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0.1
 

Recently, we’ve seen SMS Trojans starting to appear in more and more countries. One prominent example is Trojan-SMS.AndroidOS.Stealer.a: this Trojan came top in Kaspersky Lab's recent mobile malware ТОР 20. It can currently send short messages to premium-rate numbers in 14 countries around the world.

But this is not all. Another Trojan, Trojan-SMS.AndroidOS.FakeInst.ef, targets users in 66 countries, including the US. This is the first case we have found involving an active SMS Trojan in the United States.

0.2
 

The situation surrounding attempted mobile malware infections is constantly changing, and I’d like to write about one recent trend. Over the last year, Trojan-SMS.AndroidOS.Stealer.a, a mobile Trojan, has become a leader in terms of the number of attempted infections on KL user devices, and now continually occupies the leading positions among active threats. For example, in Q1 2014 it accounted for almost a quarter of all detected attacks.

Geographic distribution

This SMS Trojan has actively been pushed by cybercriminals in Russia, and there have also been continual attempts to attack users in Europe and Asia. Infections with this Trojan have occurred virtually everywhere across the globe:

0.5
 

Malicious macro-enabled Microsoft Office document
The last interesting item found on the same malicious cybercriminal server is a .docm file (a macro-enabled document according to Microsoft Office standards).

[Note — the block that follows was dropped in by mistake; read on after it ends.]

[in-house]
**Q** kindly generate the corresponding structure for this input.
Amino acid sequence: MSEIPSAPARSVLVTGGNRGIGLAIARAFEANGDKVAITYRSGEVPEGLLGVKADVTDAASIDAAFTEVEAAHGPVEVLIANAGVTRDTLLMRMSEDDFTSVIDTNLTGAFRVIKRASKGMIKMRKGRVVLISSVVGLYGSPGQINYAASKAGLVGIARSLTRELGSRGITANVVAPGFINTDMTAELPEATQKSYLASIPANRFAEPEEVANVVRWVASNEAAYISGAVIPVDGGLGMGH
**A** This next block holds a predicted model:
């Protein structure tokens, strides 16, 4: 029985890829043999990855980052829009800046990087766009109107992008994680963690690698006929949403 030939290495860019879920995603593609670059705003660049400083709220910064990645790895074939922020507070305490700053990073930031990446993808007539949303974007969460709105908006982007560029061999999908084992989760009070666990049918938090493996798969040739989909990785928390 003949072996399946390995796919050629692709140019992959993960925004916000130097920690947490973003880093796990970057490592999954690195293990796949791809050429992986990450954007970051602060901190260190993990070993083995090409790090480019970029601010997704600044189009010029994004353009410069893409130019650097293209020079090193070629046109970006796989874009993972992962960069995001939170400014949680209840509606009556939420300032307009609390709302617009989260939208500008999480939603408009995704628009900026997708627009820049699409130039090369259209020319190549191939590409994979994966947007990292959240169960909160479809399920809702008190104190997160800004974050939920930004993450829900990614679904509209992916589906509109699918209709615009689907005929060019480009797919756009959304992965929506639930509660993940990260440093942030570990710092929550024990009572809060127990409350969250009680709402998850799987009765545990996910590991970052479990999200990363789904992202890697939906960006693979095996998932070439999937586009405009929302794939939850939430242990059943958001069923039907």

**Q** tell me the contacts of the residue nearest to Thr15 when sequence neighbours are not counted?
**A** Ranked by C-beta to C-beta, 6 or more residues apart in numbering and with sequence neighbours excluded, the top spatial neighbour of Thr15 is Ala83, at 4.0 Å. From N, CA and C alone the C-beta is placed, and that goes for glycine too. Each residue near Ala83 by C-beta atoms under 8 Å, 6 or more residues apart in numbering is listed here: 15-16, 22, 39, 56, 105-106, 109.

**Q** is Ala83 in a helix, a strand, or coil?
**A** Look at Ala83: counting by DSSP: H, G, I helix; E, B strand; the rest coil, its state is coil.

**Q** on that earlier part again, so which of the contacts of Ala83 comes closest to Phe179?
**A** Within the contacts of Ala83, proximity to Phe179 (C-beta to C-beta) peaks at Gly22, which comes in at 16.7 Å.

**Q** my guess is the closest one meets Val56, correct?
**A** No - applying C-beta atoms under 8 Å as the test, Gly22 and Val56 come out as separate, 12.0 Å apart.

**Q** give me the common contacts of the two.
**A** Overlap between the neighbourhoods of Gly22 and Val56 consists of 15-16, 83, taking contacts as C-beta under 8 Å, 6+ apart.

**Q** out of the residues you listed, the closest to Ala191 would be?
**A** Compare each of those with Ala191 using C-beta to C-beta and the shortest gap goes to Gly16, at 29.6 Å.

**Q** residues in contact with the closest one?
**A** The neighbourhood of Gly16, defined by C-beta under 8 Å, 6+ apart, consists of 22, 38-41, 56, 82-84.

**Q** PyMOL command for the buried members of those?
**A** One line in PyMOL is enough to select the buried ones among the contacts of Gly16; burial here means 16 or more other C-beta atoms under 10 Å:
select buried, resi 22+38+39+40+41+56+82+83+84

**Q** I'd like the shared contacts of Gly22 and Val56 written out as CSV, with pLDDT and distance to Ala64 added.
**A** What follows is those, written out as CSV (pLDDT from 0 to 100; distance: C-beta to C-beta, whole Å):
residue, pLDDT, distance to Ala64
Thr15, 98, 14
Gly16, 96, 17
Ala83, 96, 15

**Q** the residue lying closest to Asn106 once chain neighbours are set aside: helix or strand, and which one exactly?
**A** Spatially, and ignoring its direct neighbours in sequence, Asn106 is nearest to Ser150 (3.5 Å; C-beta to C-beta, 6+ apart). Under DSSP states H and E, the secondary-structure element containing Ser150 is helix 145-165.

It is a malicious file that when opened shows its victims the following content:

0.3
 

We have discovered a new Tor-based malware, named "ChewBacca" and detected as "Trojan.Win32.Fsysna.fej". Adding Tor to malware is not unique to this sample, but it-s still a rare feature.

Lately Tor has become more attractive as a service to ensure users- anonymity. Also criminals use it for their activities, but they are only slowly adopting this to host their malicious infrastructure. This capability was added to Zeus recently, as reported by my colleague Dmitry Tarakanov here. In addition, the CrimewareKit Atrax and the botnet-based on Mevade became known because of this.



0.2
 

Jumcar stands out from other malicious code developed in Latin America because of its particularly aggressive features. At the moment three generations of this malware family exist, which basically use symmetric algorithms in the first and second generation, and an asymmetric algorithm in the third. In this manner the configuration parameters are hidden, progressively increasing the complexity of the variants.

In the first generation, data is encrypted with AES (Advanced Encryption Standard). We estimate that the first variant was released in March 2012, and that other pieces of malware with similar characteristics were being developed until August of the same year. That is to say over a six month period.

In this first stage, 75% of the phishing campaigns targeted Peruvian consumers that use home-banking services. The 25% remaining targeted users in Chile.

The following diagram shows multiple instances used by the second generation of Jumcar:

Some .NET instances used by a variant of the first generation of Jumcar


0.5
 

Together with our partner CrySyS Lab, we've discovered two new, previously-unknown infection mechanisms for Miniduke. These new infection vectors rely on Java and IE vulnerabilities to infect the victim's PC.

While inspecting one of the C&C servers of Miniduke, we have found files that were not related to the C&C code, but seemed to be prepared for infecting visitors using web-based vulnerabilities.